14th Chopin and his Europe (Chopin i jego Europa) International Music Festival Warsaw 9-31 August 2018

From Chopin to Paderewski

13.08 MONDAY 8.00 p.m. Polish National Opera Symphonic concert

This much anticipated concert began with the World Premiere of Fireworks (2018) commissioned by the European Union Youth Orchestra and the Adam Mickiewicz Institute as part of the '2018 Year of Cultural Heritage' and POLSKA 100. Composed by the multi talented Agata Zubel, it is a spectacular percussive work for very large orchestra that managed to retain a great deal of the traditional orchestral ensemble. Certainly it was brilliantly descriptive in sound of a firework display with Catherine Wheels spinning, rockets climbing into the sky to explode in a shower of stars, a veritable, glittering kaleidoscope of sound. Rhythmically this rather abstract but concrete work  had tremendous verve and vitality. I was reminded at times of Olivier Messiaen's Turangalila Symphony  in its sybaritic abandonment.

I was much anticipating hearing Seong-Jin Cho in the Chopin F minor Concerto Op. 21 as I have had enormous respect for his musicianship since the International Chopin Competition victory. The first movement, marked by Chopin Maestoso, was spirited and energetic with a noble opening. Was it in a stately, dignified, majestic fashion, the manner in which Chopin conceived of these things? A hard question to answer accurately given the distance of the source. Perhaps the restless tempo permitted by Cho's brilliant virtuosity allowed us to interpret this tempo direction in keeping with life conceived in 2018 rather than 1829. His understanding of the style brillant and the Polish rhetorical gestures concealed within the work were well delineated. Frederick Niecks who wrote a biography of Chopin described this movement after the piano enters:

It is as if we were transported into another world and breathed a purer atmosphere. First there are some questions and expostulations, then the composer unfolds a tale full of sweet melancholy in a strain of lovely, tenderly entwined melody … In the second subject he seems to protest the devotion of his hear, and concludes with a passage, half upbraiding, half beseeching, which is quite captivating – nay more, even bewitching in its eloquent persuasiveness. 

The contrast with the lyrical second theme was telling. Cho's fiorituras were tremendously virtuosic and for me rather too completely and quickly absorbed into the melodic line.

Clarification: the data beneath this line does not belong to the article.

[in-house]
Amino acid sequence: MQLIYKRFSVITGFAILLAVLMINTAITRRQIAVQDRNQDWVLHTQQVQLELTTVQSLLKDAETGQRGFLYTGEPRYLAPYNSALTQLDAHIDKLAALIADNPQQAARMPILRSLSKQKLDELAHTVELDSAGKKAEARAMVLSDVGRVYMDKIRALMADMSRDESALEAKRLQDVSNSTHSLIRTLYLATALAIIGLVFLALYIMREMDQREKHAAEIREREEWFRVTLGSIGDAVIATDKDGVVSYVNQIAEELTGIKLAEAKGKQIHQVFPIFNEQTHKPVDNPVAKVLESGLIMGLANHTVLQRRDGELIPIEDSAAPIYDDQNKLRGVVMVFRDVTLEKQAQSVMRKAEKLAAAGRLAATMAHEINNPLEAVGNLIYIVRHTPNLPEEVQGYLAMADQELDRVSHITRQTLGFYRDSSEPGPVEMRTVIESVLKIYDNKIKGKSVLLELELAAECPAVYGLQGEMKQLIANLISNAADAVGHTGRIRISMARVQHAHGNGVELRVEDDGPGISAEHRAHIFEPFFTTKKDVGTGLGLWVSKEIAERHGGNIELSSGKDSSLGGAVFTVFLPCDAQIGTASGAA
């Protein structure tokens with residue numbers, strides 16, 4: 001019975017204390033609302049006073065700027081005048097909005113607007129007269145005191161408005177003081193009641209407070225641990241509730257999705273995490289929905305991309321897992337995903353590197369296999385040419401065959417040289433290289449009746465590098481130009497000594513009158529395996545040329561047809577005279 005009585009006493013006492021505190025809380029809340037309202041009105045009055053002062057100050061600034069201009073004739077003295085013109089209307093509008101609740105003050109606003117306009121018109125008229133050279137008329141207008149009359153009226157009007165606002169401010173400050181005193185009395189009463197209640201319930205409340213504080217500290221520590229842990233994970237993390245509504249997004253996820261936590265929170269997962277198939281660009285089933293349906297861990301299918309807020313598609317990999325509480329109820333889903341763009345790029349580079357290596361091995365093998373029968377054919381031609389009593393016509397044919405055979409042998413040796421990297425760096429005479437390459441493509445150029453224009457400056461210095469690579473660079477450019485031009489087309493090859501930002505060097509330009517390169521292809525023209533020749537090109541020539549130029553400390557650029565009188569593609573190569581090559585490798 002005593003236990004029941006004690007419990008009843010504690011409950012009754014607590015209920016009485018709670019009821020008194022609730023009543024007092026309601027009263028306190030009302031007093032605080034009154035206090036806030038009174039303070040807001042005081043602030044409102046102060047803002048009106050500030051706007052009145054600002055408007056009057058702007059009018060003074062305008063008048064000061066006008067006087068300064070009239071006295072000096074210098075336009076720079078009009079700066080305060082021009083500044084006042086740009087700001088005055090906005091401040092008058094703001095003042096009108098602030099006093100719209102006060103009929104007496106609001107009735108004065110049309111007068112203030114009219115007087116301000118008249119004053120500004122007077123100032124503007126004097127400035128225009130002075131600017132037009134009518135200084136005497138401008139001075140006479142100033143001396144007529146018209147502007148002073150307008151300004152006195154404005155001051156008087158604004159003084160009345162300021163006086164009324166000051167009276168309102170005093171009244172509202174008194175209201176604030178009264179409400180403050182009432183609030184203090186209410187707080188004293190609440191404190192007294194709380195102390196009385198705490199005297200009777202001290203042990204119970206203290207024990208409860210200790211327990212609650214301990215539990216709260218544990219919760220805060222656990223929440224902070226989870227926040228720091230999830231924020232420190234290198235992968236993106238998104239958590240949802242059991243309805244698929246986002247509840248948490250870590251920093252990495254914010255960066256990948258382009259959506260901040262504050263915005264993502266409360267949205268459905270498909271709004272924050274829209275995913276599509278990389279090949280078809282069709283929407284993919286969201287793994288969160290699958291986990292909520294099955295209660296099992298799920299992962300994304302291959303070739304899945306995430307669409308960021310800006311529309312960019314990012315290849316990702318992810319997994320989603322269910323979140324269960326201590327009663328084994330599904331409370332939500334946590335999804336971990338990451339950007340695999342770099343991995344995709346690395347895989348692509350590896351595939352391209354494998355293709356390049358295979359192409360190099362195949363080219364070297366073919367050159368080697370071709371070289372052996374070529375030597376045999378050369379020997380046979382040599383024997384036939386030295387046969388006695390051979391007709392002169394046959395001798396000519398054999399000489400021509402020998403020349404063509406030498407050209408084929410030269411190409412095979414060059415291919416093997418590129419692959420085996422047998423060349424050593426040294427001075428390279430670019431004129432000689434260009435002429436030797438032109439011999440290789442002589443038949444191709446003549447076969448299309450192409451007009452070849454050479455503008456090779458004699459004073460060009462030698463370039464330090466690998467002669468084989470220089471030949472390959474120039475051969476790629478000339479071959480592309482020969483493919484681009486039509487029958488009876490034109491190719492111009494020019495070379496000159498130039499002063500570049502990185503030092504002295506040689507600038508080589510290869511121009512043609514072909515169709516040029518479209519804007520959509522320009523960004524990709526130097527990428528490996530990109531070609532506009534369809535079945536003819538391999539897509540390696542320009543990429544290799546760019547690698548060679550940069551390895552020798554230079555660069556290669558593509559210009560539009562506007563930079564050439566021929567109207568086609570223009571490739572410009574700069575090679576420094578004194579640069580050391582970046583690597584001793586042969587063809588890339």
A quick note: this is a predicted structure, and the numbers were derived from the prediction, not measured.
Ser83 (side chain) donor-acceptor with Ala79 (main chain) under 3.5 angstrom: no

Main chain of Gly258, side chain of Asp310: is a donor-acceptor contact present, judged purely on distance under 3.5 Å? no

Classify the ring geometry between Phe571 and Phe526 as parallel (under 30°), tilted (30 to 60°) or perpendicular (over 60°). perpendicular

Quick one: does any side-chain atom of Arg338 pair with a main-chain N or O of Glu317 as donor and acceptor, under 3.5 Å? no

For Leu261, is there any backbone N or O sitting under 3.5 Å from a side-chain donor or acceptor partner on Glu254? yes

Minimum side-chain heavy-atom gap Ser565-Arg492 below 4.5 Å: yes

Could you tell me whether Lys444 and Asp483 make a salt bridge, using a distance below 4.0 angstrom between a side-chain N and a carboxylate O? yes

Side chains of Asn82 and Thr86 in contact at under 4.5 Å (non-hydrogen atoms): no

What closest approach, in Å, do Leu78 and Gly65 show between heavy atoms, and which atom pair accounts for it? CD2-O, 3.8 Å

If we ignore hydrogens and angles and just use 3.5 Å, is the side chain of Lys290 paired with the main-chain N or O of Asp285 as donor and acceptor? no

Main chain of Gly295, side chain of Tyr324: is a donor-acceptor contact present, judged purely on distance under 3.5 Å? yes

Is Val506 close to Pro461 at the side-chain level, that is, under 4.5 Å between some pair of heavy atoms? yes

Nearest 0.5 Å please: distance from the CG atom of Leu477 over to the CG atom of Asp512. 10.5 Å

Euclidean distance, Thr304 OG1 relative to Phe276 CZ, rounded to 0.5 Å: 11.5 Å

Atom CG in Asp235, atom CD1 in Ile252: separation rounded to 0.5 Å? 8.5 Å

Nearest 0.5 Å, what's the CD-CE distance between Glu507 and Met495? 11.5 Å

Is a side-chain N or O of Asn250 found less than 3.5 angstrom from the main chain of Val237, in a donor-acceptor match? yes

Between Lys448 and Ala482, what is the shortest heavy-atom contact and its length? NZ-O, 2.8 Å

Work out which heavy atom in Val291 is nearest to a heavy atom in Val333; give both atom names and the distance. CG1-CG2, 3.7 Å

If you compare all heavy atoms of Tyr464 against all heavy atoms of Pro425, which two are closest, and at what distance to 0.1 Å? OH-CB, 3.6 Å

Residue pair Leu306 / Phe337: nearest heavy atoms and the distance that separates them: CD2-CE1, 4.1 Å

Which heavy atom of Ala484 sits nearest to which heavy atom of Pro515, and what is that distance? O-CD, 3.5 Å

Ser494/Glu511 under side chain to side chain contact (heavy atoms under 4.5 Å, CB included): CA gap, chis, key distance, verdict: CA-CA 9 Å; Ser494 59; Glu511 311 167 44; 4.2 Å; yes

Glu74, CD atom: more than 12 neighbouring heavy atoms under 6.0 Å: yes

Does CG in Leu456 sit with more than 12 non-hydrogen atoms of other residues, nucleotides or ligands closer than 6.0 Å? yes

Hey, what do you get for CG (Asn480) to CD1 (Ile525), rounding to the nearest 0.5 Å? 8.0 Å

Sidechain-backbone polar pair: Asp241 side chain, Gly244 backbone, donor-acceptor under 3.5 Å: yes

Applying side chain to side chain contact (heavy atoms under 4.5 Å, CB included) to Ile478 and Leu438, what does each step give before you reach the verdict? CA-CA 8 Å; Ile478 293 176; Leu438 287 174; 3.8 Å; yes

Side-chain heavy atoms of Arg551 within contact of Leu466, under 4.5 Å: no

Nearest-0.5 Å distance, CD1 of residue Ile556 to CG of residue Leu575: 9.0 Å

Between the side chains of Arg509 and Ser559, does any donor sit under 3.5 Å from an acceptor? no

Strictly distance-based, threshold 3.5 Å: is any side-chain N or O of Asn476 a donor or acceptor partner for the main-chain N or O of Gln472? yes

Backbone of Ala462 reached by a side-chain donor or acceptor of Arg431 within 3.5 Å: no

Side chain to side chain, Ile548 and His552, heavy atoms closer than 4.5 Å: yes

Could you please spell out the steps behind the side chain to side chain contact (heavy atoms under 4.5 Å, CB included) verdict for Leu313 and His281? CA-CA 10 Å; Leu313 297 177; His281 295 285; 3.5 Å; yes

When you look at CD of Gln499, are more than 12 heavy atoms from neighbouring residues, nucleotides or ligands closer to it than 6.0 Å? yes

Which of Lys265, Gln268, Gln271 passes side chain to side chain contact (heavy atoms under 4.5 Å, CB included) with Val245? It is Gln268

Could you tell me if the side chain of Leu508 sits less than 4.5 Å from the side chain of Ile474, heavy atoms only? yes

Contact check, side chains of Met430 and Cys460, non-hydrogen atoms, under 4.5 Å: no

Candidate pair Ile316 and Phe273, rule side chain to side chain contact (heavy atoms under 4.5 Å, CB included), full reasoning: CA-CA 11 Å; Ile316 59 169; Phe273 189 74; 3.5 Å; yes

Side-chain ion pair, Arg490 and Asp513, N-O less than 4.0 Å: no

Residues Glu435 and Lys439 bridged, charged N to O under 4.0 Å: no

I was terribly impressed by the intense commitment of the European Union Youth Orchestra. Their bodies as well as instruments move in rhythmic unison like a magical dance, reminiscent of an oceanic swell. It is so beautiful to see young people committed to classical music like this, the average age of concert audiences seeming to increase constantly.

The Larghetto was the most successful movement to my mind with a sweet lyrical, illusioned adolescent yearning for love at a distance. Franz Liszt wrote of this movement as '..of a perfection almost ideal, its expression, now radiant with light, now full of tender pathos...' – inspired by Chopin's first love: Konstancja Gładkowska, a singer and fellow student at the Warsaw Conservatory. Cho had a beautiful glowing tone quality and refined touch here. The final Allegro vivace was very spirited indeed. Cho took it quite an arresting tempo which I felt made one more aware of the pianist and his formidable pianistic talents than the music itself. A review of an early performance, highlighted the impact of the embedded mazurka: 

More than once these tones seem to be the happy echo of our native harmony. Chopin knows what sounds are heard in our fields and woods, he has listened to the songs of the Polish villager, he has made it his own ...

The theatrical, even notorious, horn call that introduces the Coda was authoritative, secure and superb. Cho was given rapturous applause by the audience and many returns to the stage. As an encore the second Liszt Transcendental Etude: Molto Vivace but played in rather 'possessed' a fashion for my taste.

After the interval the Tchaikovsky Symphony No. 5 in E minor, Op. 64 (1888). This was a tremendously energetic performance and I felt the conductor could have introduced a little more dynamic variation into the proceedings and highlighted the composer's characteristic phrasing. The young people clearly enjoy playing Tchaikovsky tremendously ('Youth! The glory of it!'). There was a conspicuous elegance to the dance rhythm in the Valse  but perhaps it could have been a little more lilting - personal taste! With the tremendous energy expended throughout the symphony, I would have appreciated more dynamic variation but then again this is a youth orchestra with all the driven enthusiasm of conception and execution that youth implies. The conductor  Gianandrea Noseda seemed to respond to that energetic call to arms. Can great energy and finesse co-exist in an interpretation? Interesting question.